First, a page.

The sad news is that many of these shops (the ones that lasted) have now closed, the most recent being Compendium (opened in 1968) in London and Frontline (opened as Grass Roots in 1973) in Manchester. There may be a few other outlets for them in London but I doubt that you can buy an anarchist or Trotskyist magazine in Manchester these days. You may not want to buy either, but that isnít the point. The shops sold more than that and generally tried to provide something the bigger bookshops didn't, namely an "alternative" service. But, say those who shrug complacently when told of another bookshop closure, the concerns that the "alternative* shops represented are now part of the mainstream. And it could be argued that they are, in a sense, the victims of their own success, in that the markets for Beat writing, feminist literature, gay studies, what have you, which they opened up, are now catered for by places like Waterstone's and Border's. It's true that those shops often do have feminist, gay, black and similar sections and that they are superior to the bookshops that existed in the 1960s when it was thought necessary to open up alternatives. Anyone around then will know how difficult it was to obtain anything unusual outside London and one or two major university centres. Still, Waterstone's and Border's may be better than the big bookshops of forty years ago but they have their limitations, and even if they do seem to cater for minority or specialised interests they often do so by only stocking relevant material from largely mainstream publishers. You will find little unusual if you inspect the poetry section of Waterstone's in Manchester (reputed to be one of the best of their shops) and they will not even bother to try to obtain publications from small presses if you enquire about them. "Write direct to the Press," a friend was curtly told when she tried to order a small press poetry book. And though you may find the New Statesman in Border's you will not be able to pick up a copy of Freedom or Workers' Liberty.
Now I'm not naive and I don't expect big bookshops to be charitable organisations dedicated to serving those of us with tastes that run to the obscure or forgotten or unpopular. The fact that they do sometimes have on their shelves books mat come into one or other of those categories is to their credit, or at least to the credit of an employee with a little imagination. Whether this situation will last is another matter. Accountants are increasingly dominant and there have been recent signs that Waterstone's, in particular, are under pressure to pull back from anything experimental or esoteric and focus instead on what sells quickly and in large quantities. I hope you can see what is happening? It's working in the same way as public transport, where a large company like Stagecoach moves in, drives smaller companies out of business, and then itself cuts back on the services or even pulls out of the routes altogether on the grounds that it's uneconomic to cover them. Border's and Waterstone's put the smaller shops out of business by initially stocking what those shops used to specialise in and then stop stocking it themselves because, they say, it doesn't sell.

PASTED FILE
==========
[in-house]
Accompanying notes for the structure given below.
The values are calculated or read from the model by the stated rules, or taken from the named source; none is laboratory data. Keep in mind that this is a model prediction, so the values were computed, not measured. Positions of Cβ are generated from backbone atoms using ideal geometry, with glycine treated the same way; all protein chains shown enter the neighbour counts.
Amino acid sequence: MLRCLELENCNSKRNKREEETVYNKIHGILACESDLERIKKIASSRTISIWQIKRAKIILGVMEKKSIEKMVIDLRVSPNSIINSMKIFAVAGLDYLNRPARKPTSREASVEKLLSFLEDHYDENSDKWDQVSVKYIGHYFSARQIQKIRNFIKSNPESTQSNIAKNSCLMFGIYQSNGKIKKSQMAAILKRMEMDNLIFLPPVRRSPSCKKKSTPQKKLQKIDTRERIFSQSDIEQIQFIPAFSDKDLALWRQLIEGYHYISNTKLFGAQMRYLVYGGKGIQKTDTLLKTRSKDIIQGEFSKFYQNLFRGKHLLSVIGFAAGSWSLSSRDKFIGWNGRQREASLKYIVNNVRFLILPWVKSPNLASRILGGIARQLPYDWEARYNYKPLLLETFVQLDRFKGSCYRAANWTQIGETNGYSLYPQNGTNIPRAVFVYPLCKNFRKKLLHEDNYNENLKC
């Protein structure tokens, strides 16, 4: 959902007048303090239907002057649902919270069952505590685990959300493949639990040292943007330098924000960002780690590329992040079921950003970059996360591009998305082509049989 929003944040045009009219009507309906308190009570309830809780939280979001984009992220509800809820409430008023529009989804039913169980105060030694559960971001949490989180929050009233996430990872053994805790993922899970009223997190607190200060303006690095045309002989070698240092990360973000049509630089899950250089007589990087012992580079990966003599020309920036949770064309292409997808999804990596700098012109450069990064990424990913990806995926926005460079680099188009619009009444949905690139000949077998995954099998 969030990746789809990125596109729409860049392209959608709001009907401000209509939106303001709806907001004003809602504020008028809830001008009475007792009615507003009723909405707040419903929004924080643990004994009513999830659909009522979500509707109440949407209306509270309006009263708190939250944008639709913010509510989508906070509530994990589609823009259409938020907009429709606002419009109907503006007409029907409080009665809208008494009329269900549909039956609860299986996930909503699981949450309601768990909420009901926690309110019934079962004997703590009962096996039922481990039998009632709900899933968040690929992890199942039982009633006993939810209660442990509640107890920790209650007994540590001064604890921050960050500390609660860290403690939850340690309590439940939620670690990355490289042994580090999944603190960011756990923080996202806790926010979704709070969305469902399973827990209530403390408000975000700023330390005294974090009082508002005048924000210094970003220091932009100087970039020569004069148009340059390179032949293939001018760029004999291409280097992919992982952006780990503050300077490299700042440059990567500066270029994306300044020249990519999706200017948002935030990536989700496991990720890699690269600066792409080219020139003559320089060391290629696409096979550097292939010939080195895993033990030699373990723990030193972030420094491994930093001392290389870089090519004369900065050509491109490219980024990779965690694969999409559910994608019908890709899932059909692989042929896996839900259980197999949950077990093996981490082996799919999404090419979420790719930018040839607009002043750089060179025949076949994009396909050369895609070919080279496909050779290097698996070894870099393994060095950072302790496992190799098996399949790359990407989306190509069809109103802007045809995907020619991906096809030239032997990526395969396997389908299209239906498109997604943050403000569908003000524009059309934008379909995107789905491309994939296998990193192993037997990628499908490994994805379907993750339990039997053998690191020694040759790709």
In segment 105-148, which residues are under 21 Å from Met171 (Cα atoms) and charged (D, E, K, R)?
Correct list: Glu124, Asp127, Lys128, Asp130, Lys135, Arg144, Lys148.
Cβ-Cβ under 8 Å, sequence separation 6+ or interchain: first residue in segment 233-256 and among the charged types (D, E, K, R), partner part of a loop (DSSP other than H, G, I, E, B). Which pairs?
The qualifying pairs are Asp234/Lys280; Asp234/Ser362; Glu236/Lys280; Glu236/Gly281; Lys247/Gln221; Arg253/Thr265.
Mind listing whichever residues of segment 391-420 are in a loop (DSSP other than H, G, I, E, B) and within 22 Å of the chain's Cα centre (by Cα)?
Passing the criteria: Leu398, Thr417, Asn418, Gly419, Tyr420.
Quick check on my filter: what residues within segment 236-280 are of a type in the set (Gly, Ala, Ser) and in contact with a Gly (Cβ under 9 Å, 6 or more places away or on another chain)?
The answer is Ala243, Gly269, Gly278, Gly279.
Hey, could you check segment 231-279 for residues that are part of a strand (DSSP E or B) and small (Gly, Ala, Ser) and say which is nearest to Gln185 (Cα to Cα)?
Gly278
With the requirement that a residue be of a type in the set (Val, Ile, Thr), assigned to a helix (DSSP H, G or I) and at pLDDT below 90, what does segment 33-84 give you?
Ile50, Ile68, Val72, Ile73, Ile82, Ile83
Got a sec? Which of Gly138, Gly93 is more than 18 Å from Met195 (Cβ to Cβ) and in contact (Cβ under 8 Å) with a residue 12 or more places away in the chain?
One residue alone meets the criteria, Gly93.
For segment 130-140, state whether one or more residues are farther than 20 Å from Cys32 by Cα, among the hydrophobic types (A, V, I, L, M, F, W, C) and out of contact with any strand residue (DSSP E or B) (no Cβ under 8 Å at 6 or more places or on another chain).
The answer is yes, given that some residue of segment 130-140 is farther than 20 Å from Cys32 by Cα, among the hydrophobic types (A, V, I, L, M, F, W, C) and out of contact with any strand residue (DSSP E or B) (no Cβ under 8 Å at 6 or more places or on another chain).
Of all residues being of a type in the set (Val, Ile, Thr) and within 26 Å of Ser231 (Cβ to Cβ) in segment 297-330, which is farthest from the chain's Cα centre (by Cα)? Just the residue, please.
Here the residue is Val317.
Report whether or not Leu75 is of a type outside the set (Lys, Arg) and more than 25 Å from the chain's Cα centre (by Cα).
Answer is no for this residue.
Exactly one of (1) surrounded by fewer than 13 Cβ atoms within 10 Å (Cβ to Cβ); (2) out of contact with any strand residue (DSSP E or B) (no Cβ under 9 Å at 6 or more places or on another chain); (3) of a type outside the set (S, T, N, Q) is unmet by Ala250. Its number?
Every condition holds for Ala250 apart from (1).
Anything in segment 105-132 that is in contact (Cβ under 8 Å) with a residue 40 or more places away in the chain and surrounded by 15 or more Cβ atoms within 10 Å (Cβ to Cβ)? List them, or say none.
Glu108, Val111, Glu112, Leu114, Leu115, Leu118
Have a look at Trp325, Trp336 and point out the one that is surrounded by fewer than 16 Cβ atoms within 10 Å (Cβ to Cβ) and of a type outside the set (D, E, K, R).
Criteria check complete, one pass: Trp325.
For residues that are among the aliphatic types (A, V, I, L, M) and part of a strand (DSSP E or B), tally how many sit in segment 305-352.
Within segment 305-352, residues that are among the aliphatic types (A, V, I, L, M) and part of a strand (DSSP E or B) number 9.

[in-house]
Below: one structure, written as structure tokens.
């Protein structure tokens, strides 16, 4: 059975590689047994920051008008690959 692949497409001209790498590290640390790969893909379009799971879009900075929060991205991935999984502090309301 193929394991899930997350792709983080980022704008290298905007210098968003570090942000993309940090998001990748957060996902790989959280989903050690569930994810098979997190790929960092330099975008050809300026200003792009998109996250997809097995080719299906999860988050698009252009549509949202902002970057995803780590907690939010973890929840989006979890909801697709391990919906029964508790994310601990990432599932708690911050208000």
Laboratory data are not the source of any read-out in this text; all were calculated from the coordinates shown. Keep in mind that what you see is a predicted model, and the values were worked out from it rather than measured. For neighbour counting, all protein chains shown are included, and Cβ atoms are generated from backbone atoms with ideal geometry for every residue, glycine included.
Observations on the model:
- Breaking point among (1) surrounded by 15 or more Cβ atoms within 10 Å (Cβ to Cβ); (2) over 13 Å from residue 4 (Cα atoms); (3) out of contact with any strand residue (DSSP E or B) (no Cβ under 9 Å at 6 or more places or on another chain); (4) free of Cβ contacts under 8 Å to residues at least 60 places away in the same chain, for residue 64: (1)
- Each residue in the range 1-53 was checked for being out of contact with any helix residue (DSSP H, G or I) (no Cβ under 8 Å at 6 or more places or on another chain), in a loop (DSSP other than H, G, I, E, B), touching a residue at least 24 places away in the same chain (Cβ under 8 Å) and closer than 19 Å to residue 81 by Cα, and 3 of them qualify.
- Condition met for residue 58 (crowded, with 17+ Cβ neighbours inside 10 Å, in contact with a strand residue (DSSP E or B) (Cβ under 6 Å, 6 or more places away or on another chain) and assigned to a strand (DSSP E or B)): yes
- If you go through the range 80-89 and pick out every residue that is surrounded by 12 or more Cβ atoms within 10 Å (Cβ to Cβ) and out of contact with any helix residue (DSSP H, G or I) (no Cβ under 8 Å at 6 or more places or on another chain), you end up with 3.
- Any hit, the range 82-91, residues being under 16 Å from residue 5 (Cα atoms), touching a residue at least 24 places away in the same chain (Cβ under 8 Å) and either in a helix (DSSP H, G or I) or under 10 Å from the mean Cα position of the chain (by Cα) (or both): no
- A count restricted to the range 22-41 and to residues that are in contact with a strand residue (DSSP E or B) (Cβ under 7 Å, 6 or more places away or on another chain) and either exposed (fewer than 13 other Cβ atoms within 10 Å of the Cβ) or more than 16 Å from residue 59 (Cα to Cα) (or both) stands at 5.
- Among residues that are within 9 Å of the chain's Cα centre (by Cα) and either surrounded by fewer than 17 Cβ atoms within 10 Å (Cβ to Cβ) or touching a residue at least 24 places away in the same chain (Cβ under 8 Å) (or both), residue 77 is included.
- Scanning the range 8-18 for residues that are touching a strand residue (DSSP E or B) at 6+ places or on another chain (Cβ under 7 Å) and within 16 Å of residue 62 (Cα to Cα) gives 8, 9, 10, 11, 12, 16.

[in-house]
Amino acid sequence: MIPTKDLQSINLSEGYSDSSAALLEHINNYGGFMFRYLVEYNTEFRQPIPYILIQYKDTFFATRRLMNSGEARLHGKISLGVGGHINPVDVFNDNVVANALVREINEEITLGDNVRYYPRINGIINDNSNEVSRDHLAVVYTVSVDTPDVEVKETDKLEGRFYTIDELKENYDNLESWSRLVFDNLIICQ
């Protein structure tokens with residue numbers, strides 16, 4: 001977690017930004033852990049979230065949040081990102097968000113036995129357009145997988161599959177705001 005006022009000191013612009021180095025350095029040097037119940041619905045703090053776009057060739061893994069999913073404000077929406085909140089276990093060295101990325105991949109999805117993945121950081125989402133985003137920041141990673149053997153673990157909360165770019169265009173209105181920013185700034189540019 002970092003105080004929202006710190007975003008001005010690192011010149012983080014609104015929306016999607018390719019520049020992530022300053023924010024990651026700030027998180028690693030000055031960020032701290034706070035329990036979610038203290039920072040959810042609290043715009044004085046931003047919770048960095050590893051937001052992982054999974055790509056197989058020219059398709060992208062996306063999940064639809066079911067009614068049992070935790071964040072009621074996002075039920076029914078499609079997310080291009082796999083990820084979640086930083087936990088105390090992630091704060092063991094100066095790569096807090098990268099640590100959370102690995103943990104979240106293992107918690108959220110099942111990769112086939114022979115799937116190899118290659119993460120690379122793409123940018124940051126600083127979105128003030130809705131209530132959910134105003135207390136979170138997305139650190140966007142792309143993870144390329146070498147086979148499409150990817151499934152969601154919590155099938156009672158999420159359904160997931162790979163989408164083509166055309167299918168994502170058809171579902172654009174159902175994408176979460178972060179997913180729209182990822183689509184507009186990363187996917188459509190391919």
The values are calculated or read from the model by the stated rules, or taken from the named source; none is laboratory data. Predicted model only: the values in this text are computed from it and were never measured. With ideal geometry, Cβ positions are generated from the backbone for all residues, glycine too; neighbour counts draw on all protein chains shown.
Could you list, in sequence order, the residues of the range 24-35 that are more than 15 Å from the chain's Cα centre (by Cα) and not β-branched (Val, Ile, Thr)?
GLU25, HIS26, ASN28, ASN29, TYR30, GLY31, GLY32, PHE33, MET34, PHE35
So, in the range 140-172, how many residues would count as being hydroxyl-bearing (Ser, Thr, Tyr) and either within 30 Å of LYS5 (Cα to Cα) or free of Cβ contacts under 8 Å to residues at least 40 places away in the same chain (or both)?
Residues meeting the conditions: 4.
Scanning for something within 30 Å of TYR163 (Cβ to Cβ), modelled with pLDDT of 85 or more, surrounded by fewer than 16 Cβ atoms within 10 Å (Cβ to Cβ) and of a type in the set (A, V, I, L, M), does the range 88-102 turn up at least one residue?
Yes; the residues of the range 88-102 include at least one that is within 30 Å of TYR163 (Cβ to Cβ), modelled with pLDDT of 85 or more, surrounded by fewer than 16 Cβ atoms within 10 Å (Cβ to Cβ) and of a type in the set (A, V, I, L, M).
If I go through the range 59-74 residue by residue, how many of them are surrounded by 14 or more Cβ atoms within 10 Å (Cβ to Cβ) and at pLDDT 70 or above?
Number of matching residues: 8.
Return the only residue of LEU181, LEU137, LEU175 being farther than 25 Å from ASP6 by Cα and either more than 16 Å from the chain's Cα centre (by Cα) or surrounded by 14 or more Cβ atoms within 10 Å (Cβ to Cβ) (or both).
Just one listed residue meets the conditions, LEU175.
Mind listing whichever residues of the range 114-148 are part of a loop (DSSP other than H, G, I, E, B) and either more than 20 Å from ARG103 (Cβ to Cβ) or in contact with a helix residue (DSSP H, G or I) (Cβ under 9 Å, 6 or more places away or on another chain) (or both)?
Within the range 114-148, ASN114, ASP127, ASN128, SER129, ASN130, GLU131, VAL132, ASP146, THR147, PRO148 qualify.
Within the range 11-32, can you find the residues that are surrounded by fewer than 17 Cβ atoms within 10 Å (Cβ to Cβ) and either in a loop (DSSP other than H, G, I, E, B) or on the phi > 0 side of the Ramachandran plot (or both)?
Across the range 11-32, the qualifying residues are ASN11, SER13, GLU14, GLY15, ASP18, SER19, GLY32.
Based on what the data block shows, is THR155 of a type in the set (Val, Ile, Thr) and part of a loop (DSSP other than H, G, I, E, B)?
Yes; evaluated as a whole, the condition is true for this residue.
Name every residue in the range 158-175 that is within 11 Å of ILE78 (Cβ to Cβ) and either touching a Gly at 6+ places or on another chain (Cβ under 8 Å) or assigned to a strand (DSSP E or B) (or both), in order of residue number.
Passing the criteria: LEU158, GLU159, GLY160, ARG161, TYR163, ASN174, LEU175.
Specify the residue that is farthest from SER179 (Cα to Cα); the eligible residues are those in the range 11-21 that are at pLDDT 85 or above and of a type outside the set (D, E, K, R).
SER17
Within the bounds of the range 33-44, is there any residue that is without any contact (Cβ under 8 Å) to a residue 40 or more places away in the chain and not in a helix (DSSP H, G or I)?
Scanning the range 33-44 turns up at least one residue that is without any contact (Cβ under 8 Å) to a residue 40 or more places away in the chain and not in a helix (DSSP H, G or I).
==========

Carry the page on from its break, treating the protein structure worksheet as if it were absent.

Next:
The problem is that there isn't an easy answer to all this. At the end of the day bookshops, large or small, need to make a profit or at least break even. And if the market isn't mere for specialised materials then no shops can afford to stock too much of it. I've talked to enough booksellers over the years to know that poetry, for example, sells very little and most poetry magazines will remain on the shelves. The fault would seem to lie with the customers who, even though they claim to be interested in poetry steadfastly refuse to buy magazines or, for that matter, most poetry books. There are thousands of people writing poetry, entering competitions, and trying to get their work published, but not many of them want to lay out a few pounds for a poetry magazine or a slim volume. But that's another story and I don't want to get locked into it here.
Going back to bookshops, it strikes me that what has happened is that the audience for the 'alternative' shops has largely disappeared. As I said at the beginning of this piece, the shops arose out of the turmoil of the I960s,when students were active, there were various movements afoot in the arts, the Left in its infinite varieties seemed to be on the move, and hippies and others offered alternative lifestyles. There was a general feeling that things could be different. You couldn't say the same now and for all its surface turbulence this is essentially a conservative age
Students are at their dullest for years, interested only in getting good degrees and jobs and beyond that, lifestyle, football, and pop music. The Left has almost totally collapsed and it doesn't look like it will ever recover, the arts are mostly concerned with entertainment, and everything is so fragmented that it simply has no meaning. But ifs all now in the mainstream, the argument runs, but it isn't really true. There are more drugs around and sexual behaviour is looser, the pubs are open longer, and more people, willingly or not, don't work nine to five. Not much of a revolution, when you think about it, and what it has actually led to is a dumbed-down morass of self-indulgence. The system hasn't changed and the same old people are still in control.